Inclusive Classrooms: Building a more representative history curriculum

Taking positive steps together

As a new history Head of Department in 2018, one of my key priorities was to increase representation in our curriculum. I was inspired by a long tradition of discussing diversity in history education, and also by the range of exciting new work being produced at the moment I started my new job. 

One key aspect of current discussions of representation in the history curriculum are the ideas motivating teachers. Along with others, I have made the argument that while this work can be hugely important in helping students feel that they have a stake in the subject, it also has enormous potential to improve the quality of the historical education we offer all of our students, regardless of the topic being discussed. 

Widening the range of stories we tell in our curriculums to include those which have traditionally been neglected, such as the histories of women, ethnic minorities, the LGBTQ+ community, and the working class, allows us to give our students a much richer sense of what was possible in the world of the past and therefore to represent it more fully. I have also found that increasing representation has really helped to improve my students’ historical thinking, leading them to approach the key questions posed to them with multiple perspectives in mind. 

While navigating the usual pressures of a school year (and a pandemic) my department has sought to work on our curriculum with representation in mind, using two key approaches, that you might find useful when considering your own curriculum. 

1. Routine representation 

As a department in a sixth-form college, one of the main challenges we have to navigate is to work on representation while meeting the demands of the exam specifications. In order to tackle this, we’ve made use of an approach that I call ‘routine representation’, i.e. finding the places in our existing curriculum where representation is likely to enhance students’ historical thinking. 

One way this can be done is by including the stories of key individuals and groups, which has proved especially useful in our British Empire course. In one case, our students were struggling to find a counterargument to an interpretation that stated that the Empire was very popular with the British public in the interwar period. At this point I went away and consulted current scholarship which provided me with examples of opponents such as Shapurji Saklatvala, Sylvia Pankhurst and the League Against Imperialism. Representing these stories gave my students the tools they needed to tackle the question at hand more effectively, and also gave them a broader picture of public opinion in the period. This approach has also been taken with our other courses, for example by improving the representation of women in our French Revolution course in order to give students a more complete sense of who was politically active.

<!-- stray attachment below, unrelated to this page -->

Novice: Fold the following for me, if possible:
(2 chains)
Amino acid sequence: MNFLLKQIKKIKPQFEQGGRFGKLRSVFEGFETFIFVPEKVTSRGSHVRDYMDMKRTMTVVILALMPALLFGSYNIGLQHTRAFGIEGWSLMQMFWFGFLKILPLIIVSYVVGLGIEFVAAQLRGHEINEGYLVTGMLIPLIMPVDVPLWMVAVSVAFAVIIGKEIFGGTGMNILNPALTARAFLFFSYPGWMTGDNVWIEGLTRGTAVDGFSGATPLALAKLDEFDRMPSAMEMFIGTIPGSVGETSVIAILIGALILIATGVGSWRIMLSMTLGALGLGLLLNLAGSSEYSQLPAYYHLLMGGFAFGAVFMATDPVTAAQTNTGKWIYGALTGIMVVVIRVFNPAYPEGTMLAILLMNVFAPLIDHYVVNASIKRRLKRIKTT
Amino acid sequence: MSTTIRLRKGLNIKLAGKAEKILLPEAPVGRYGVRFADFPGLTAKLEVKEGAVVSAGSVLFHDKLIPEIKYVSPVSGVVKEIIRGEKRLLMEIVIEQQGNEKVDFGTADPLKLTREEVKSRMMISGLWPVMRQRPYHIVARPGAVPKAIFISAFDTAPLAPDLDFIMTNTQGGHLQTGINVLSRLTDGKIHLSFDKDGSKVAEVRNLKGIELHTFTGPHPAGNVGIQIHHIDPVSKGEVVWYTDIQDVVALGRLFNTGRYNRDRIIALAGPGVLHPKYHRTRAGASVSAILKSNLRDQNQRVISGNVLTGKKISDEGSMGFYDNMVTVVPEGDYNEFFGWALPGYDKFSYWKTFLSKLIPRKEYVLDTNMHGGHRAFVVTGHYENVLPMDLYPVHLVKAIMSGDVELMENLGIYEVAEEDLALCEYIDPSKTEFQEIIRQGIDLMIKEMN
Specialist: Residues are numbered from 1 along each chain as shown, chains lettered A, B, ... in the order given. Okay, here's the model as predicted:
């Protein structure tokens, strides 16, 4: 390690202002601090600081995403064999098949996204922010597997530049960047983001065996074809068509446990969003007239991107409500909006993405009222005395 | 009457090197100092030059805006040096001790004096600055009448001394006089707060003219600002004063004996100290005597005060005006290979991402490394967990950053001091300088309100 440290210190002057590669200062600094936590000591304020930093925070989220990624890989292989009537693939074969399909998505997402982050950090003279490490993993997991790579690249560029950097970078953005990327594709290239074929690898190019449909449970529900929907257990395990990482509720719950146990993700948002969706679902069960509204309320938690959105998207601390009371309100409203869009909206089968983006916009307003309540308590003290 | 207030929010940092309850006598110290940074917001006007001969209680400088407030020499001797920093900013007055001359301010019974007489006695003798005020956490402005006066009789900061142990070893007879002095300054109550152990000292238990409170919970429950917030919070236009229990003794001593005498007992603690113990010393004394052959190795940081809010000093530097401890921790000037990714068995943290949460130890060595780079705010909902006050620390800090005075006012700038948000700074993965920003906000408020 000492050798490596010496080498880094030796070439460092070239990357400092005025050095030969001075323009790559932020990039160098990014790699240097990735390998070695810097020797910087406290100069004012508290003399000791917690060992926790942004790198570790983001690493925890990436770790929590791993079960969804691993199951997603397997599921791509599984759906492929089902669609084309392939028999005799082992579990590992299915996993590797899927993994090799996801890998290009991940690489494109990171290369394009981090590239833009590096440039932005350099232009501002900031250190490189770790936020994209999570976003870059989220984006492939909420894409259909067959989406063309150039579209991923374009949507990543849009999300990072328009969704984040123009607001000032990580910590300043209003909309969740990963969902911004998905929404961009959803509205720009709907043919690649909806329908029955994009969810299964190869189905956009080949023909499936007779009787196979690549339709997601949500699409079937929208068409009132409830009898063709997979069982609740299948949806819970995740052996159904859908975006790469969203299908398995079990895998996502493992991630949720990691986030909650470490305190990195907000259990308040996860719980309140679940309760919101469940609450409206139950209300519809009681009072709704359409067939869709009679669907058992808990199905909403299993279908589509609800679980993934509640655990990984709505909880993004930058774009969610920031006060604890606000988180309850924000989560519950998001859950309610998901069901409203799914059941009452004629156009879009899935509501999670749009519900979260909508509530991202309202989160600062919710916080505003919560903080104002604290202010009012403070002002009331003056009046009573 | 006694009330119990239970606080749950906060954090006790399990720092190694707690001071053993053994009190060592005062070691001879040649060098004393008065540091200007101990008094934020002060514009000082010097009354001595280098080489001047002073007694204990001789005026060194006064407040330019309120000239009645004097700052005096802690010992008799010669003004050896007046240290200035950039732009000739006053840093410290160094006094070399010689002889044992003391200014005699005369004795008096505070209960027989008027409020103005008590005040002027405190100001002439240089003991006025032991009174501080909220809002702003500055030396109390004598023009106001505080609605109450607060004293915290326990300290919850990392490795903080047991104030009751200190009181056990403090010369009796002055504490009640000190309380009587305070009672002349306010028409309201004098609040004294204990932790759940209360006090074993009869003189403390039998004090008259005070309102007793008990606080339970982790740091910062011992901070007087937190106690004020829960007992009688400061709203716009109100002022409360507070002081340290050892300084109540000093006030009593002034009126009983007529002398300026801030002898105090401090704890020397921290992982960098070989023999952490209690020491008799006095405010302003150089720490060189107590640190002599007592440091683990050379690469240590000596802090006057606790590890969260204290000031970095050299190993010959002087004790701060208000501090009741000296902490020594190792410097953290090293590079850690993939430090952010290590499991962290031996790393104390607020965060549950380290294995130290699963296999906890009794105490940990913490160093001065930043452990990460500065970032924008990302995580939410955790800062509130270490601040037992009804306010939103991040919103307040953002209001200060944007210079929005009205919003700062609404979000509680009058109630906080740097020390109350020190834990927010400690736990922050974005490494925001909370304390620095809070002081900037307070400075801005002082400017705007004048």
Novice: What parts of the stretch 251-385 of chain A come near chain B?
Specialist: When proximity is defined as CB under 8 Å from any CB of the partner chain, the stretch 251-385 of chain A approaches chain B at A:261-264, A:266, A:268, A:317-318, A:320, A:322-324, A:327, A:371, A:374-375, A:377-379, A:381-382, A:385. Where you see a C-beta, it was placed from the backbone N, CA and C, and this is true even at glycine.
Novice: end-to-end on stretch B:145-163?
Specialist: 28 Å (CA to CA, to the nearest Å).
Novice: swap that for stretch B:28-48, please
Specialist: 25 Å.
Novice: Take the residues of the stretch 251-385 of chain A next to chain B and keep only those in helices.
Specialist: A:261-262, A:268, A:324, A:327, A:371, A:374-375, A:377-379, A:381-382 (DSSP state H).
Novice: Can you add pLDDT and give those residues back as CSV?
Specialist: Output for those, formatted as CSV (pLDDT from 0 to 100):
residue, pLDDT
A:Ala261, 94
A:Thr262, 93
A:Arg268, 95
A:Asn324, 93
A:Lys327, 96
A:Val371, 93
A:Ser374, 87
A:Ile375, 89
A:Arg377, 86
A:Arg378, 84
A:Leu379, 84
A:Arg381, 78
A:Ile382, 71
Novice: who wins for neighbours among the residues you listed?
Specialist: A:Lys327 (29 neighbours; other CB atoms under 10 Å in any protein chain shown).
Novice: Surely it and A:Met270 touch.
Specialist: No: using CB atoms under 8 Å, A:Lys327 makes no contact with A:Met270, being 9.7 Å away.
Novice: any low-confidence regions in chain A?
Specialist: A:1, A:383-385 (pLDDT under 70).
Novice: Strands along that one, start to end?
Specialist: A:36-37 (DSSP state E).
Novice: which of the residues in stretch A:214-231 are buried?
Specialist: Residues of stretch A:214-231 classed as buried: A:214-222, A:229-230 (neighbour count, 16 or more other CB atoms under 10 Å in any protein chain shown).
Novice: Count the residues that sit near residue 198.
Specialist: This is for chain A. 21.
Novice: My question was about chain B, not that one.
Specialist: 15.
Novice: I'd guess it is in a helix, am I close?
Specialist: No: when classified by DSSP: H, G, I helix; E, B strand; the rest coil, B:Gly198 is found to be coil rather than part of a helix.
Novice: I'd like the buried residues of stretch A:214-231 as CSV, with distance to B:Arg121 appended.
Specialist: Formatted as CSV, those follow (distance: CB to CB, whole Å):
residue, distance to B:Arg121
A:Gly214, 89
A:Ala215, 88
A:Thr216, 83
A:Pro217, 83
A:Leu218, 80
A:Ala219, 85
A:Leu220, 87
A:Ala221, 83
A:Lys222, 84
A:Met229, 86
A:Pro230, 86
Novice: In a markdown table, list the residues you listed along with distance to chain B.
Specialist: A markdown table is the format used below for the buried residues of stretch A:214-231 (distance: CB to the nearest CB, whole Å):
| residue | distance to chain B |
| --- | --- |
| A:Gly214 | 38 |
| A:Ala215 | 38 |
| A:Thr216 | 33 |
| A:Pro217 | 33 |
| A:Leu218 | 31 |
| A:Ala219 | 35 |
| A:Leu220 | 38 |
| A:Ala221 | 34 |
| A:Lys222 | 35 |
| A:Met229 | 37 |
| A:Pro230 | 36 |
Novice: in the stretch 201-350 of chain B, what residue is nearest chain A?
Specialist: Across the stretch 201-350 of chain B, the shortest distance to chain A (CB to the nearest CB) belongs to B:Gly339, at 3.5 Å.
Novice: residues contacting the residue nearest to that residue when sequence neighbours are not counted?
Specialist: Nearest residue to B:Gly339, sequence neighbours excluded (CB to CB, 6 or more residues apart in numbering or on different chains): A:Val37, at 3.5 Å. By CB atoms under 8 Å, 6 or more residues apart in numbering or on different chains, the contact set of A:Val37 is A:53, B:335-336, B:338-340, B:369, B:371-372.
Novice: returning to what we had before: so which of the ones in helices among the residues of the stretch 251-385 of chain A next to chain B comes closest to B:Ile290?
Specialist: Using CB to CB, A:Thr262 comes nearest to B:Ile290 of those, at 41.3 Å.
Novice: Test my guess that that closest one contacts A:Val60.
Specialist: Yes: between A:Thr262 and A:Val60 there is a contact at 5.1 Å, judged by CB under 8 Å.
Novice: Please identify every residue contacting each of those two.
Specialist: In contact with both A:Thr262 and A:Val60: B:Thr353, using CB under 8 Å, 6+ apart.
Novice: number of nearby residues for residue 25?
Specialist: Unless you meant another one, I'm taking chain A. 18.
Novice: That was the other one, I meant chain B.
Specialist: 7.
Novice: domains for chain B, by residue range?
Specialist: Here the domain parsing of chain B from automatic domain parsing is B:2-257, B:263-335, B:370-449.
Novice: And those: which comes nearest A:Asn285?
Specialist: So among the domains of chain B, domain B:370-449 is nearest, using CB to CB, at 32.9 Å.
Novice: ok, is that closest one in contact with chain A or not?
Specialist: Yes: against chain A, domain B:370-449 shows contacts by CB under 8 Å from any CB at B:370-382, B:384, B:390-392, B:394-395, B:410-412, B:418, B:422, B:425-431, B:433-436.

A lot of the nervousness around taking this approach to representation centres on the fear of tokenism. However, it can be hugely effective; I have found the key to meaningful representation is not to start with a list of people or groups you have already decided to represent, but to begin by considering where the places in your curriculum are where representation will be really effective in giving students a richer sense of period or improving their historical thinking. 

2. Deep representation 

The main area of the KS5 curriculum where our department has an opportunity to totally re-frame our curriculum with representation in mind is in the planning we have done for the coursework element. Here we are in the process of devising a scheme of work that makes neglected histories the focus of attention. 

The enquiry question that will guide the preparatory teaching for this part of the course is ‘How far were the positions of women, the LGBTQ+ community and black people in Britain transformed during the late 19th and 20th centuries?’ This enquiry is designed to give students the knowledge they need to select an NEA question focusing on the experience of one of these groups. 

The aim is for our students to look at the 20th century in Britain through a different lens: telling an alternative story to the traditional narrative of wars, economic changes and political shifts. We also hope that it will allow them to engage in big historical questions about ‘progress’, how it occurs (if it does) and why members of different groups might experience it differently, as well as giving them the opportunity to encounter evidence and interpretations that they might not previously have engaged with during their historical education. 

Representation is always going to be an ongoing project. The world of the past is vast, complicated and diverse and so are the opportunities for representing it in the curriculum. This is, however, meaningful and important work to make a start on! 

Claire Holliss photograph

Claire Holliss is currently Head of History and Classical Civilisation at Reigate College, a sixth-form college in Surrey. One of hermain interests is the representation of neglected histories in the curriculum and she has presented on this subject for the Curricularium and is currently writing an article on the topic for the Historical Association’s journal, Teaching History. Claire has a particular focus on the representation of women’s history and LGBTQ+ history and has participated in the Historical Association’s project for the centenary of partial suffrage for women and hasdelivered CPD on teaching LGBTQ+ history for the Historical Association, the School’s History Project and in collaboration with Hodder Education.